Saudi Arabia is home to two of the holiest religious sites for Muslims and is the world’s leading exporter of petroleum. The country has a rich history and culture that Nasar Al-Almi, a freshman in ESL (English as a Second Language), is pleased to share with the UVU community.
Saudi Arabia is located in the Middle East and shares a border with Iraq, Kuwait, Yemen and Jordan. Mecca and Medina are considered to be the holiest locations in Islam.
“These cities have the biggest mosques where Muslims from all over the world come to pray during the annual pilgrimage called Hijj,” said Al-Almi. “It is a place where every Muslim should go at least once in their lifetime.” I met with Al-Almi to talk about the culture of his home country beyond the religious sites for which it is so well known.
GK: What cultural traditions do you have in Saudi Arabia?
NAA: In Saudi Arabia, celebration of the feast of the end of Ramadan, Eid ul-Fitr, and the feast of the end of Hajj, Eid ul-Adha, and Saudi National Day are considered as cultural traditions. During these holidays we visit family members, give money to the poor and needy and do acts of service. The holiday period brings a spirit of unity among family members and the country as a whole.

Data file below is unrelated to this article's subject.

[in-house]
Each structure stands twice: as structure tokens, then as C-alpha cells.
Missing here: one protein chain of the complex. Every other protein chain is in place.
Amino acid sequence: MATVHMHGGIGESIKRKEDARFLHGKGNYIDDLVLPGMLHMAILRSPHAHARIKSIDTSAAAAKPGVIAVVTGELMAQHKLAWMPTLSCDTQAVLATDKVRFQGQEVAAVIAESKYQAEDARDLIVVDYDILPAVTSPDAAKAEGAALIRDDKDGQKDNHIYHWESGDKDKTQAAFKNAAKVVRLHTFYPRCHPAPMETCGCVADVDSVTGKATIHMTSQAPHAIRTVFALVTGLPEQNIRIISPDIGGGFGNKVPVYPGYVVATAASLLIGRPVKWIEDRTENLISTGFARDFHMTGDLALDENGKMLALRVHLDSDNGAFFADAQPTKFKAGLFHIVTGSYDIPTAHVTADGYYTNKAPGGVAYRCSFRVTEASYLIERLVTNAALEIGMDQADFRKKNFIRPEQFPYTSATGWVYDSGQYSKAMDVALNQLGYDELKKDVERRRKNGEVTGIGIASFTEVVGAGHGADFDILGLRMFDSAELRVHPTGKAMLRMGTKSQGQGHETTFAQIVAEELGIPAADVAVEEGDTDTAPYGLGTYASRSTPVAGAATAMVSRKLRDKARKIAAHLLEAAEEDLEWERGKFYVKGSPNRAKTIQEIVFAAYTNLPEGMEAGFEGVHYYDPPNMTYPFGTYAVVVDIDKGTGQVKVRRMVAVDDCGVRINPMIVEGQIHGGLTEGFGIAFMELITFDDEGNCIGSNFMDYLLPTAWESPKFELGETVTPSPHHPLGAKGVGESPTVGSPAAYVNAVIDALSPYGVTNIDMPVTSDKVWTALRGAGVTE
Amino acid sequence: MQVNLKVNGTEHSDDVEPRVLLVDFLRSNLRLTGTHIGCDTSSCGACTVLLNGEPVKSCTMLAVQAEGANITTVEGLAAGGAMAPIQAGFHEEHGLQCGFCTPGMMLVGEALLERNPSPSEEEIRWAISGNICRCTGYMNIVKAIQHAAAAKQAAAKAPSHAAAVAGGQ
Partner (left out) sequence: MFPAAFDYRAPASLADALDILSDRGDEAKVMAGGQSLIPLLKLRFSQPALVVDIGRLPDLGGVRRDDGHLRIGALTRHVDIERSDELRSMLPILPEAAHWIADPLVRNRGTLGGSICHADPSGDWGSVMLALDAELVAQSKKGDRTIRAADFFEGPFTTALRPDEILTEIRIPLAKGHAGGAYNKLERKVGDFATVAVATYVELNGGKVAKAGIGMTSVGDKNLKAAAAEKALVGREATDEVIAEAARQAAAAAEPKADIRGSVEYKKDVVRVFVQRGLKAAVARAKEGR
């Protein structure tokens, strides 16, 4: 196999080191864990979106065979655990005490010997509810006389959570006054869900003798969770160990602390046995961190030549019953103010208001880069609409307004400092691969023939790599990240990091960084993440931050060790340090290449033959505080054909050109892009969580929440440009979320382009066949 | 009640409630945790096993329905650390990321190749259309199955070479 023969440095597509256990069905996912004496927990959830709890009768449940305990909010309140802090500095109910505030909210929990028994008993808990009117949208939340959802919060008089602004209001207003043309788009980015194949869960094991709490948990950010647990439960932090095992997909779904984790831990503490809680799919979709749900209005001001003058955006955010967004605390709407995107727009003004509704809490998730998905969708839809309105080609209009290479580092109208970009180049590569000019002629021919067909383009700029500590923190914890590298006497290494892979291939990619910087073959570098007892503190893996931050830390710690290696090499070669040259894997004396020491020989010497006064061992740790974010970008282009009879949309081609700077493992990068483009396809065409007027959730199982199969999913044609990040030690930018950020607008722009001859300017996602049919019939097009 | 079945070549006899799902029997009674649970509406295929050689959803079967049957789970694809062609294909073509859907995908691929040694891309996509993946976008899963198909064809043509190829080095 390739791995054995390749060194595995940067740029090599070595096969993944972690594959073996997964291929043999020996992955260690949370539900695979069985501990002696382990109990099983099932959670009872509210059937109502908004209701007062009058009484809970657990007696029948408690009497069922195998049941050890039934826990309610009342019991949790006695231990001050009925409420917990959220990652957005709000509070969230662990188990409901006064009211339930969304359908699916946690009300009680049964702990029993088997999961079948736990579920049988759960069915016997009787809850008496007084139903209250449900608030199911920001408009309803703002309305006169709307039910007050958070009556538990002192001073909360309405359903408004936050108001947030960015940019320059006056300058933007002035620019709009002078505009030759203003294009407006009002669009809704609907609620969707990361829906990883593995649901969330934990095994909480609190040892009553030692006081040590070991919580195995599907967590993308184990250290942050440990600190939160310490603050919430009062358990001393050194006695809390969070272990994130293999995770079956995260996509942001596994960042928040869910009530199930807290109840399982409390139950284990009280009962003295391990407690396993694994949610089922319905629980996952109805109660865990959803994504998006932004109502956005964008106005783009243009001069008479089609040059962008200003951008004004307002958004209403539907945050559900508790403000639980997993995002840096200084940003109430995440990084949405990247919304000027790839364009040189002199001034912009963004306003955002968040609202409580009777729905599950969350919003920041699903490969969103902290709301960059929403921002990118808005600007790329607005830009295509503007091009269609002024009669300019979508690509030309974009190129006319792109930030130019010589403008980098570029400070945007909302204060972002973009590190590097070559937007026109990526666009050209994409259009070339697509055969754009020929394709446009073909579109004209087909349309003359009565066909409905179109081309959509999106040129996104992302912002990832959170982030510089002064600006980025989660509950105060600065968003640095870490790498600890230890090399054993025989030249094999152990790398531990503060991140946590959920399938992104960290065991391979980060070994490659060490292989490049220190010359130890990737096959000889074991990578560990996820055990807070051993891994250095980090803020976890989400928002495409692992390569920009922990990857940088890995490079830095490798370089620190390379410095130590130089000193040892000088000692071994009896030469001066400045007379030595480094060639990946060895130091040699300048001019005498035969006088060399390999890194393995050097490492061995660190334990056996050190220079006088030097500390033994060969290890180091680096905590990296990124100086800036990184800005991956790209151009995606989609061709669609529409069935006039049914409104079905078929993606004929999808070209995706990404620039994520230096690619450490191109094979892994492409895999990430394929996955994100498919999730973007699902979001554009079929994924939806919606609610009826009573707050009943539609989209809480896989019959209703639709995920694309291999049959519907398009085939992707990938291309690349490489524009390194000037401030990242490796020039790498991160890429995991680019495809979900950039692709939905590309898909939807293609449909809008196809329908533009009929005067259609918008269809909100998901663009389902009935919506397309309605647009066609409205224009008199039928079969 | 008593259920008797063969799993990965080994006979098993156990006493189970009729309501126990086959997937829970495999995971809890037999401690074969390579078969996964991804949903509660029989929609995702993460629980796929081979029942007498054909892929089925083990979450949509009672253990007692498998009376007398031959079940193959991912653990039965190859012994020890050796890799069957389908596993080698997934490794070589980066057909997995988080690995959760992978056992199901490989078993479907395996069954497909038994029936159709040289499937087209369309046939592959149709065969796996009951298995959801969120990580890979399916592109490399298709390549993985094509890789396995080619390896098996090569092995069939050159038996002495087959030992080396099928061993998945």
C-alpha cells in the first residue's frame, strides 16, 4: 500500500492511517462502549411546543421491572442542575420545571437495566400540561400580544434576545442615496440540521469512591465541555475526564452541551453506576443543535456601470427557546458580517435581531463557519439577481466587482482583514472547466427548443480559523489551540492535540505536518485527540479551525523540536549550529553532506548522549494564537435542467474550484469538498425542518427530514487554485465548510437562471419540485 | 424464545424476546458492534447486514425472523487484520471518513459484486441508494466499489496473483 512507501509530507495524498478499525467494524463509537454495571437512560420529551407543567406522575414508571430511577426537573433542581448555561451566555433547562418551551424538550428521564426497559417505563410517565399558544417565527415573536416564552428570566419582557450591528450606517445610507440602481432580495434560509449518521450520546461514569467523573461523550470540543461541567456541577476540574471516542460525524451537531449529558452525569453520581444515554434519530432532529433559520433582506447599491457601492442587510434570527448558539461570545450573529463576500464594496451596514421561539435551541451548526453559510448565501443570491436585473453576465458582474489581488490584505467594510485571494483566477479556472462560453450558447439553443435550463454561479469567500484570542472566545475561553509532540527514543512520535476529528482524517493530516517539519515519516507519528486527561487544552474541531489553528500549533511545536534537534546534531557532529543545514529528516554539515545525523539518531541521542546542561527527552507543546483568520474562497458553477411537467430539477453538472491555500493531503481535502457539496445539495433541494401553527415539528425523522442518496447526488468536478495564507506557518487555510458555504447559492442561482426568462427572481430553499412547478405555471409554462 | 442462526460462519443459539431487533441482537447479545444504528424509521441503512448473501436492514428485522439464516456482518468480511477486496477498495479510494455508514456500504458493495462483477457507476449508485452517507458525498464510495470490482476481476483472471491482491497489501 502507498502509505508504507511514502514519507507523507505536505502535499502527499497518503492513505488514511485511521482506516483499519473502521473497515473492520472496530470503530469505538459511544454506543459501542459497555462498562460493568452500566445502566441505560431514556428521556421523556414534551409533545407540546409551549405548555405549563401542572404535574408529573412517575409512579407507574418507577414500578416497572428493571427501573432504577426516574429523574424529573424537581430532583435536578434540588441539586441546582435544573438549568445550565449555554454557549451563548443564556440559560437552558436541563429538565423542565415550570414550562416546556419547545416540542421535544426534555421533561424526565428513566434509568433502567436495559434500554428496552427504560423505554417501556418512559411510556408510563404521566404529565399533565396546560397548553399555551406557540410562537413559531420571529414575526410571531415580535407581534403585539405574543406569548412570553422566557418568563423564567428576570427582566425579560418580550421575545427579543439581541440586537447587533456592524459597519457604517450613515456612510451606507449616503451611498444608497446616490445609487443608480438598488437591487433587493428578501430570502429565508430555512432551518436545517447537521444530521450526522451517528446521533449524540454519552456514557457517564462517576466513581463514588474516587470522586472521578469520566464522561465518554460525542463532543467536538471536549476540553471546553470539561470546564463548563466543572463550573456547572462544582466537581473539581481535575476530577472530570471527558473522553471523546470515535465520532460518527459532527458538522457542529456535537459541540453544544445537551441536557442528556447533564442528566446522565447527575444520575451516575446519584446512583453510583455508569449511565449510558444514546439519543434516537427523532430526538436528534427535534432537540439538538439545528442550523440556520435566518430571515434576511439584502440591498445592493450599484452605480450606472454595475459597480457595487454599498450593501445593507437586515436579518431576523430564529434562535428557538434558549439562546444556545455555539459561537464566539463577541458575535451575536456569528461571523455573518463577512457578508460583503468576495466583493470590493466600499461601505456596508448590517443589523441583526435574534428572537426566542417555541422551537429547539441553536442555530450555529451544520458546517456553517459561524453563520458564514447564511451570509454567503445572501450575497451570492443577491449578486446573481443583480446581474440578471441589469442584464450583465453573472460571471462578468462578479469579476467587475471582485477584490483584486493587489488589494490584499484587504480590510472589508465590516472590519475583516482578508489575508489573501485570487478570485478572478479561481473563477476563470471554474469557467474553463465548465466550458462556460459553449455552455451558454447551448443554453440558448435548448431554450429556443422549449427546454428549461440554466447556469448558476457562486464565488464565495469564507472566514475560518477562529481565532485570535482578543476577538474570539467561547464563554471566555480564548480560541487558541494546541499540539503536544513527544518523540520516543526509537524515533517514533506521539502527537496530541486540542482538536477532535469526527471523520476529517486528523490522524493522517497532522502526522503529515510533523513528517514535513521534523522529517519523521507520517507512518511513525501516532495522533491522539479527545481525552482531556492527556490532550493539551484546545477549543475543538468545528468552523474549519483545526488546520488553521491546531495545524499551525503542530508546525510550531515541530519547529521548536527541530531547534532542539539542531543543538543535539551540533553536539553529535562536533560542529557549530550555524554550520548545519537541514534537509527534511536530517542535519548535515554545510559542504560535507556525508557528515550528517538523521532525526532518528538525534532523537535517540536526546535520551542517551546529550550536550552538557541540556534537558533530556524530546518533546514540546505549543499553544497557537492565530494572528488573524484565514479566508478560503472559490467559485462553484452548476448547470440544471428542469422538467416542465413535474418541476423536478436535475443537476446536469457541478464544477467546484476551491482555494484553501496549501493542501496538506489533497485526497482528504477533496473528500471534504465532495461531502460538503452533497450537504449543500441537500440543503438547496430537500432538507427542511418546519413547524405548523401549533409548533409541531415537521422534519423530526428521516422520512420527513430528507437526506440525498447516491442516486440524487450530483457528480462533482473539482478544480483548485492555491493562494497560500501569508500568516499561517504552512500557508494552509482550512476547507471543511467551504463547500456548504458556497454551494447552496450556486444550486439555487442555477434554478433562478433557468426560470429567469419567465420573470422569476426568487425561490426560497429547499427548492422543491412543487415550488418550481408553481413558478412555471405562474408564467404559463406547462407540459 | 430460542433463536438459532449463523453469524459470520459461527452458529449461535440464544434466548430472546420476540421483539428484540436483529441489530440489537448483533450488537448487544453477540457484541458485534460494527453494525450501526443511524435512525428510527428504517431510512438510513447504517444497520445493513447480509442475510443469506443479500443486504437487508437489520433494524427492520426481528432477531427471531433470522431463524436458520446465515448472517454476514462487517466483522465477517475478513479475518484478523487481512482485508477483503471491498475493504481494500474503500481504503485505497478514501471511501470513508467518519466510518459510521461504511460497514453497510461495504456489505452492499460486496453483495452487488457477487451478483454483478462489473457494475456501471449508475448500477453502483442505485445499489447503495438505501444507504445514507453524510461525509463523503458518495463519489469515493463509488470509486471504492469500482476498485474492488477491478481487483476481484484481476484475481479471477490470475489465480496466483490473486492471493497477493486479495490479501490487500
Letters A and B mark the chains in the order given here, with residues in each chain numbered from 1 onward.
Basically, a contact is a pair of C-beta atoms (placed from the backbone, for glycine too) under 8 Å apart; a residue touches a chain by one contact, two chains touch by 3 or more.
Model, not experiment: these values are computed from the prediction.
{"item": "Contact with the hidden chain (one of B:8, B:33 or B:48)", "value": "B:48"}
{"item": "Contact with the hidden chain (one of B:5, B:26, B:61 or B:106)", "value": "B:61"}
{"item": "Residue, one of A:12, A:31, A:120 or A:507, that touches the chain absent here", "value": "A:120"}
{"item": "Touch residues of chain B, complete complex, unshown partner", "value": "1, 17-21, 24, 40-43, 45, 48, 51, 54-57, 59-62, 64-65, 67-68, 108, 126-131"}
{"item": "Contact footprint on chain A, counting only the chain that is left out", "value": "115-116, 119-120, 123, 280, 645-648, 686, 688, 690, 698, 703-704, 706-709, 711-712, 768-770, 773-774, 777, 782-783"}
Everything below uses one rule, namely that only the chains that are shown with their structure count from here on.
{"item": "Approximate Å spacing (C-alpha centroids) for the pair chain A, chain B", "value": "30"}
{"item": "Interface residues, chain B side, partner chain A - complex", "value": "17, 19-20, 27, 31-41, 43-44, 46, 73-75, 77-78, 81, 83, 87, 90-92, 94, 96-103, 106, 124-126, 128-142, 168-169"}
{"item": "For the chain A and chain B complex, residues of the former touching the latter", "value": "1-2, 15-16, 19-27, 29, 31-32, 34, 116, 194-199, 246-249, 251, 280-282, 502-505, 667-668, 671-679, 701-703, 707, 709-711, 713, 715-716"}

GK: What kind of music does Saudi Arabia have to offer?
NAA: Music in Saudi includes both Western and traditional. We have the traditional Drabka drum instrument used to make traditional Saudi folk music. It entails those singing to form two straight lines facing each other holding a sword, and they dance by using their sword to touch each other’s. My favorite artist is Mohammed Abdu, Saudi Arabia’s first pop star. I love his songs, because he sings about life, love and his songs reflect what Saudi Arabia really is.
GK: What kind of food is customary in Saudi Arabia?
NAA: My favorite food is Kaspa, which is rice made with a lot of spices including baharat, cardamom, garlic and others which eventually turns the color of the rice yellow and orange. Kapsa is prepared with chicken also seasoned with lots of spices. [It] is eaten alongside yogurt made from sheep. I love Kaspa because it is eaten with our hands, which reminds me of back in the old days when people were poor and simple and life was very simple. This food humbles everyone.